The conditions needed for a bloom are climate related, and ocean related, and includes a combination of the right temperatures, and nutrients. Recent weather has produced an increase in upwelling along the coast, and that brings a heavy load of nutrients into coastal waters. This upwelling, combined with the right water temperature, produced perfect conditions that allowed this massive bloom to happen.

In Washington and in Oregon, species such as bay clams are almost always open year-round. However, the evergreen state manages its razor clam fisheries in a much more conservative manner than Oregon, with short seasonal openers clustered around the best tides. In Oregon, the razor clam beaches are always kept open, except during the conservation closure from July 15 through Sept. 15. This is done to allow the clams to take part in the spawn without interruption.

For razor clam enthusiasts in Washington, the open season is already closed, but many clammers from north of the Columbia River often take part in Oregon’s late seasons. The daytime tides in May and June are excellent for harvesting razors, and the weather tends to cooperate during these months.

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When asked how long these closures may remain in place, Hunter admitted that the question is a tough one to answer. First, some bivalves will clear out faster, while others will need more time.

“These things can be short-lived,” said Hunter, “The blooms are short-lived, but then you end up with these accumulations in shellfish which can take weeks to months or even longer than that to clear out.”

He further explained how the different species clean out at different speeds.

For instance, mussels accumulate the toxins really quickly, and they get rid of it quickly as well.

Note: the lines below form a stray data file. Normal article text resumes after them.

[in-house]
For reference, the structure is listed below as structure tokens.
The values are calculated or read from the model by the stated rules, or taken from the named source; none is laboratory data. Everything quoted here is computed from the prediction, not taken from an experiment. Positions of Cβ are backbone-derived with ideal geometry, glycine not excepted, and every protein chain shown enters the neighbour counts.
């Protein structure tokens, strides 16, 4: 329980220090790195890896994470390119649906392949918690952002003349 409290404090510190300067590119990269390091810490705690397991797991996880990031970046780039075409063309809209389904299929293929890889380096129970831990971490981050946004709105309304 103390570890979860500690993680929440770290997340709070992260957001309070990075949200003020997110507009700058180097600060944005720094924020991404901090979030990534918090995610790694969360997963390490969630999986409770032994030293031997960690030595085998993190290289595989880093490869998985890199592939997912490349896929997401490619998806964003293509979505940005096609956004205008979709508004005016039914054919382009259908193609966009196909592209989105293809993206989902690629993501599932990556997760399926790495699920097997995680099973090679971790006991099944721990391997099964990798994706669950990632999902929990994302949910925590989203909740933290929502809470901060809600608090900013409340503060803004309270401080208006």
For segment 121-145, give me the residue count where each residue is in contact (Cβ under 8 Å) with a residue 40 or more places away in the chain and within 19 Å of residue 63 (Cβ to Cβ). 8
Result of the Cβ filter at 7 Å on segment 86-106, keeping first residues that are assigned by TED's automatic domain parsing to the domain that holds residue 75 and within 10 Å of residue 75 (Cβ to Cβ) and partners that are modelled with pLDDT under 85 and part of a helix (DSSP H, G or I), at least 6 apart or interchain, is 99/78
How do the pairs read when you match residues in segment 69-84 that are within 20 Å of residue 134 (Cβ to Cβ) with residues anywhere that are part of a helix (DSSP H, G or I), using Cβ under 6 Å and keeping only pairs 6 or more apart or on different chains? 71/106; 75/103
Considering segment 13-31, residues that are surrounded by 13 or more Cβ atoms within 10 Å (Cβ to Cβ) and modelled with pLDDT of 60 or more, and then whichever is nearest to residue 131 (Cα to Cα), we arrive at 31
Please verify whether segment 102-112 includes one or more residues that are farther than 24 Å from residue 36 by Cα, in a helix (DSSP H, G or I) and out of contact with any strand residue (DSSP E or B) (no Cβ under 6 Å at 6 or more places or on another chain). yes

“Bay clams and oysters don’t accumulate it as quick as the mussels,” said Hunter, “but they don’t clean out as quick. Razor clams accumulate it slower than other species, but then they take longer to clean out.”

Razor clams only clean out when they grow, or lose body mass quickly, which happens when they spawn. Hunter reports they can lose 30 percent of their body mass during the spawn.

“If you spawn and lose your body weight, and then regain body weight quickly then you are going to lose the toxins faster,” Hunter added.

It remains to be seen whether this summer’s spawn will clear the clams of toxins fast enough to allow for the resumption of razor clam harvests, either before the conservation closure in Oregon, or before the fall clamming tides.

Further details regarding seasonal closures and regulations for Washington beaches are available on the Washington Fishing Regulations web page. Current closure information is available on the Washington Shellfish Safety Map or by calling the biotoxin/red tide hotline at 1-800-562-5632.

Additional information regarding marine biotoxins and related illnesses is available on DOH’s website.

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Columbian freelance outdoors writer